Sweden: Consumer-driven demand keeps economy afloat in Q3
November 30, 2015
Sweden’s economy surprised analysts in the third quarter, as consumer-driven domestic demand remained supportive to growth against a backdrop of extraordinarily unorthodox monetary policy measures. Although the economy moderated to a 0.8% seasonally- and working-day adjusted expansion in Q3 (Q2: +1.0% quarter-on-quarter), the reading was double what analysts had expected. The stronger-than-expected growth will likely reduce the chances of the Central Bank lowering rates further at its next monetary policy meeting 6 December, despite external pressures from an anticipated ECB rate cut in December.
Private consumption in Sweden continued its gradual acceleration in Q3, expanding 0.7% over the previous quarter. This follows expansions of 0.3% and 0.5% in Q1 and Q2, respectively. These numbers suggest that the effects of historically-low interest rates are rippling through the economy, as spending increased on cars, holidays and housing throughout the quarter. Housing construction has been particularly strong and will likely continue to be robust as the recent influx of migrants will put further pressure on Sweden’s already strong housing market. Government consumption eased in Q3, falling from a 0.5% expansion in Q2 to 0.1%. This deceleration will likely be reversed for the remainder of the year, as the government scrambles to cover costs associated with housing and providing other services to the thousands of recently-arrived migrants. Similar to consumption, investment growth was largely in line with the previous quarter, increasing 0.1 percentage points from Q2’s reading to 1.2%.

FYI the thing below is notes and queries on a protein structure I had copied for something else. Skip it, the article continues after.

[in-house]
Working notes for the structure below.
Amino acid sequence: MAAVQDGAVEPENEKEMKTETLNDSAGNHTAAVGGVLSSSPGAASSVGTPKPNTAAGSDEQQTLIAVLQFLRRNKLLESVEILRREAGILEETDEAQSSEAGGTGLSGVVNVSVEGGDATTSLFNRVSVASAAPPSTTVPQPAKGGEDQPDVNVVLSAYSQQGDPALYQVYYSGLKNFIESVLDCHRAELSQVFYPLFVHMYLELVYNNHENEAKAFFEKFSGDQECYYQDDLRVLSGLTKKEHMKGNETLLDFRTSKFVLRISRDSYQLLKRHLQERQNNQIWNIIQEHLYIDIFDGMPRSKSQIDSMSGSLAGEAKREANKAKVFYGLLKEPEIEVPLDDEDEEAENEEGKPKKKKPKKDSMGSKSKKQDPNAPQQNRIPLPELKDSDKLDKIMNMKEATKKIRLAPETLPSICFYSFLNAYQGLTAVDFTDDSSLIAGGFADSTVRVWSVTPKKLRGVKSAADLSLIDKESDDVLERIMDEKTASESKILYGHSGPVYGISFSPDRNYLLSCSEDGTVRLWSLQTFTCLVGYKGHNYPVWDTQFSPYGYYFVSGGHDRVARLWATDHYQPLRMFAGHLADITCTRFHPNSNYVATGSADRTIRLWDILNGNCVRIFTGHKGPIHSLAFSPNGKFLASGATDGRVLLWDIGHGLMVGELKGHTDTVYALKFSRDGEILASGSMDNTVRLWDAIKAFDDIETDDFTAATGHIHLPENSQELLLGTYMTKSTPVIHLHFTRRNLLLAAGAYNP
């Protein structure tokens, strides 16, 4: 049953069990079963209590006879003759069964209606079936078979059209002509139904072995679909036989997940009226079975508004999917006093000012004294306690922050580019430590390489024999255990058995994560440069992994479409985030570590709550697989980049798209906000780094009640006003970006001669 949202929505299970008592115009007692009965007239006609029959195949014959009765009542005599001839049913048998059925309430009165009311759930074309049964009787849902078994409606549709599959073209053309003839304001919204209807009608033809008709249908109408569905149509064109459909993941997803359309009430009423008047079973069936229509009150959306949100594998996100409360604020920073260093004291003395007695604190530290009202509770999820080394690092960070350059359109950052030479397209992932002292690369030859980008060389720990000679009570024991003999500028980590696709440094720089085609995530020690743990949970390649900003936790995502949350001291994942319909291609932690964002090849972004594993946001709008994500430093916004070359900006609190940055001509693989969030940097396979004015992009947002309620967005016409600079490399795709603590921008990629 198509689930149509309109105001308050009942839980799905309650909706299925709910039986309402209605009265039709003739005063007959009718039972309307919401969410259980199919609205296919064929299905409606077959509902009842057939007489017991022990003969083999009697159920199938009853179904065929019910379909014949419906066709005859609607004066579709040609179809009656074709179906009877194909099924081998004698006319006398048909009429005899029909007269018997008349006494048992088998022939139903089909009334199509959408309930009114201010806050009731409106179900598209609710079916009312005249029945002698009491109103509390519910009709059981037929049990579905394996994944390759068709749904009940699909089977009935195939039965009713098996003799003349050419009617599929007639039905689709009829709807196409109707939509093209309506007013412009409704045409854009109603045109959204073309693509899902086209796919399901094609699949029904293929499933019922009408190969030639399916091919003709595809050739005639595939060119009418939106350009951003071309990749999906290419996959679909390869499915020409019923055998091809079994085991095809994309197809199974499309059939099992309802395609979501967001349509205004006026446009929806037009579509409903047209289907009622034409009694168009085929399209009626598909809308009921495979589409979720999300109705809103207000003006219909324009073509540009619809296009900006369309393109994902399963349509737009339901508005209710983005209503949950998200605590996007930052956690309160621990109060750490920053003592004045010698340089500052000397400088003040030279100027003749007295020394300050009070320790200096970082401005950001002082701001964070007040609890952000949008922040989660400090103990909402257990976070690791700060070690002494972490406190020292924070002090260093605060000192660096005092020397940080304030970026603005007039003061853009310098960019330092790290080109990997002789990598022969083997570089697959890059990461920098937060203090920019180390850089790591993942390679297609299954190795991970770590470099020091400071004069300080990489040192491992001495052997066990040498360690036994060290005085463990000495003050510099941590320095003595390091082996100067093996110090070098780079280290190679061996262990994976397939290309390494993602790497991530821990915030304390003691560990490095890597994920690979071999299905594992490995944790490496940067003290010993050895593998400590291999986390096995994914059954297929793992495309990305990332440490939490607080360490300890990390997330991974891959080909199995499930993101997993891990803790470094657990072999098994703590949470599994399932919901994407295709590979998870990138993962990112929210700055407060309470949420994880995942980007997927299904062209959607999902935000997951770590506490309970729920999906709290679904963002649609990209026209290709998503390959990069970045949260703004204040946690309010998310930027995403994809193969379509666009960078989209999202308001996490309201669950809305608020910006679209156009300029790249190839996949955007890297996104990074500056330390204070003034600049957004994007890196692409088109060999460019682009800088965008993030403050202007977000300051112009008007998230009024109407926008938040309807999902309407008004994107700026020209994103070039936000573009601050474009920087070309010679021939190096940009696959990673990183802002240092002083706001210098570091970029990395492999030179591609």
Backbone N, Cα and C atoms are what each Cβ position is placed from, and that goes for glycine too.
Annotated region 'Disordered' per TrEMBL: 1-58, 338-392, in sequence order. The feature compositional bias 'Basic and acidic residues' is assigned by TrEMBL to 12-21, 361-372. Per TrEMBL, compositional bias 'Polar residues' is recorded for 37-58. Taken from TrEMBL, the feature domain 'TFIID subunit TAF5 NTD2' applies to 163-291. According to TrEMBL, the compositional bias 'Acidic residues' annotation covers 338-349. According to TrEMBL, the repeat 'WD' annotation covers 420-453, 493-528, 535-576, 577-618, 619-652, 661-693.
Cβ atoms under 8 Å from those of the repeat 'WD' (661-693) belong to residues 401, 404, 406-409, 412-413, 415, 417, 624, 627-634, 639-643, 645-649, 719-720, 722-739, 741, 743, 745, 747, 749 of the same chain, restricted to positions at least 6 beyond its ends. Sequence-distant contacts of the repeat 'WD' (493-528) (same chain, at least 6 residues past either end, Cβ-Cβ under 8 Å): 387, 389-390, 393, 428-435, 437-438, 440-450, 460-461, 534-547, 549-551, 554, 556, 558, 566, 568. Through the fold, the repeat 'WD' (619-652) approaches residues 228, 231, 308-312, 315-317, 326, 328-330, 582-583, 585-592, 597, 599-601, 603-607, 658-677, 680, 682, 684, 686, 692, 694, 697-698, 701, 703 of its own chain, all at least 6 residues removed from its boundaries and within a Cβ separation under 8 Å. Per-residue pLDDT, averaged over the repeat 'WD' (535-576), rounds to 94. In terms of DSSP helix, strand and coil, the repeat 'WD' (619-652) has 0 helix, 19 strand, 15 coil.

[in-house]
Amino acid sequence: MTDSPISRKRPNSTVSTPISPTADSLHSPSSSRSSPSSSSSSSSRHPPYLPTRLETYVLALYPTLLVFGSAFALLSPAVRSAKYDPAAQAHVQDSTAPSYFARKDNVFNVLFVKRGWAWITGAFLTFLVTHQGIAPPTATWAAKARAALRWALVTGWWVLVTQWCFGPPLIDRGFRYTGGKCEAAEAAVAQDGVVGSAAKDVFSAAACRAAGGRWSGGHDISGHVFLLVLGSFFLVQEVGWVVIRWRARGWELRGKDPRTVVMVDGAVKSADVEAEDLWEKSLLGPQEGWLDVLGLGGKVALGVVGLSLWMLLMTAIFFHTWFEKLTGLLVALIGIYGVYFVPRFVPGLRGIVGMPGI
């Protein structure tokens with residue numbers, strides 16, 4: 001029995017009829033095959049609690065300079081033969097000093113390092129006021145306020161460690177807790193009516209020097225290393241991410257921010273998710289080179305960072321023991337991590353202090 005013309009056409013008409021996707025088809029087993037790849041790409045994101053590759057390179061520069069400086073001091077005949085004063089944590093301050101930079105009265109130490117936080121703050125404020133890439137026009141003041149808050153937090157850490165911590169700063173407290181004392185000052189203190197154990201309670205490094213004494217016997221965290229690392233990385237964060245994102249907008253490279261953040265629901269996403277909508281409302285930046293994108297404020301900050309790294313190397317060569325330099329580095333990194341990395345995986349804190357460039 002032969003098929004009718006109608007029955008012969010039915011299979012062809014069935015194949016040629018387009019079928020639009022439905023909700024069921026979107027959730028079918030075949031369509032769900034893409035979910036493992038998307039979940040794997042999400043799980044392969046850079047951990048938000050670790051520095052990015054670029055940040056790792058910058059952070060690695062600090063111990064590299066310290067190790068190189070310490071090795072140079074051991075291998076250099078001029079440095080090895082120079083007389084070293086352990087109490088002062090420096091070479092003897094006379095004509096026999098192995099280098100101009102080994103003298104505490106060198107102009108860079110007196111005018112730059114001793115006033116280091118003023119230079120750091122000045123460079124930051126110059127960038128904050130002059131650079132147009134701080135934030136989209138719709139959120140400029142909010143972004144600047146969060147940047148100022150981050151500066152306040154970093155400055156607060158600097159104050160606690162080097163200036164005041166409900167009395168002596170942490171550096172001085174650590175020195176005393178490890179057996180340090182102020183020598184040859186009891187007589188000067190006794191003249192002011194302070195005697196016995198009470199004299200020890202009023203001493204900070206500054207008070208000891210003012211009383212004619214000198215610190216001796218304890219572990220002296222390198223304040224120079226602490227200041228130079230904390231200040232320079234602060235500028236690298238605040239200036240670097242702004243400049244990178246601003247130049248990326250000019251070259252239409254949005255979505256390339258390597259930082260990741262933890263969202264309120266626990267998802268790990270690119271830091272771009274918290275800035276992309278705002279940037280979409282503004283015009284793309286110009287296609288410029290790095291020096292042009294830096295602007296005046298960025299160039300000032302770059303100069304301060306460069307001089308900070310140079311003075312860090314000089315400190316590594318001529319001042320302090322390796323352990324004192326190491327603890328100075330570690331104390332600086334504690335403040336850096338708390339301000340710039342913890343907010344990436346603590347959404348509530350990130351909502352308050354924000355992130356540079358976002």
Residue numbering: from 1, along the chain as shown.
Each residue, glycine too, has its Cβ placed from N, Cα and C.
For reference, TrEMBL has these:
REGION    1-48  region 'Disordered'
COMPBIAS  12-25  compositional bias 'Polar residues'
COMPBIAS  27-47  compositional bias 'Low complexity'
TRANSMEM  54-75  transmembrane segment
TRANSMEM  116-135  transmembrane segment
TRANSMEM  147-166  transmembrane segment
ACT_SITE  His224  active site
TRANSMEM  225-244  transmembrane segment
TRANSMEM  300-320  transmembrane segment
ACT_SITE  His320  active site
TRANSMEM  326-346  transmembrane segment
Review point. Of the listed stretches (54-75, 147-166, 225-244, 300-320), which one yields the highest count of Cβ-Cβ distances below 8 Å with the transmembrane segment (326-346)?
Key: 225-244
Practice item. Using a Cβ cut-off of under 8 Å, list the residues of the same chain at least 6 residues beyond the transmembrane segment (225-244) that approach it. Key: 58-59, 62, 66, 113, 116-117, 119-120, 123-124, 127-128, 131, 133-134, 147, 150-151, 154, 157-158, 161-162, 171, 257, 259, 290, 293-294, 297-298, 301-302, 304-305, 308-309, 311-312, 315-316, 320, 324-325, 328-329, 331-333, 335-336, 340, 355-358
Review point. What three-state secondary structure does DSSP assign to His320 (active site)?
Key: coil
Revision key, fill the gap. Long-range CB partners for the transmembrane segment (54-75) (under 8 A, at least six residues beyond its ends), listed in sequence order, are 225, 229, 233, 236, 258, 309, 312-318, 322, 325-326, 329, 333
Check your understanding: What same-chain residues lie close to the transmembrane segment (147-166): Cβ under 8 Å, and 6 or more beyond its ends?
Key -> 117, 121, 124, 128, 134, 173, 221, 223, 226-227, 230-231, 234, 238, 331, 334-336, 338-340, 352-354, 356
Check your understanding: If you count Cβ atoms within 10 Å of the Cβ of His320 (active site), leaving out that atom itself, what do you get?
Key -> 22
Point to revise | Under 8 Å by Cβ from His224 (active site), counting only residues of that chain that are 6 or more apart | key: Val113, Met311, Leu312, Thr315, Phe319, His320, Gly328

On the external side of the economy, both imports and exports accelerated, each growing 2.1% over the previous quarter (Q2: +0.2 qoq, Q2: +0.2% qoq respectively). The weaker than average krona has given exporters a competitive edge on international markets, and slow but steady recovery in the EU has also helped. Despite the strong export reading, the acceleration in imports caused the external sector’s contribution to fall from plus 0.2 percentage points in Q2 to plus 0.1 percentage points in Q3. On an annual basis, GDP rose 3.9%, which marked the largest expansion since Q1 2011 (Q2: +3.4% year-on-year). The robust growth recorded in Q3, as well as the expected gradual pickup in inflation in the coming months as the base effect from last year’s fall in energy prices dissipates, will likely deter the Central Bank from loosening monetary policy further, and may begin to gradually unwind its ultra-loose policy sooner than expected.
Author: Robert Hill, Economist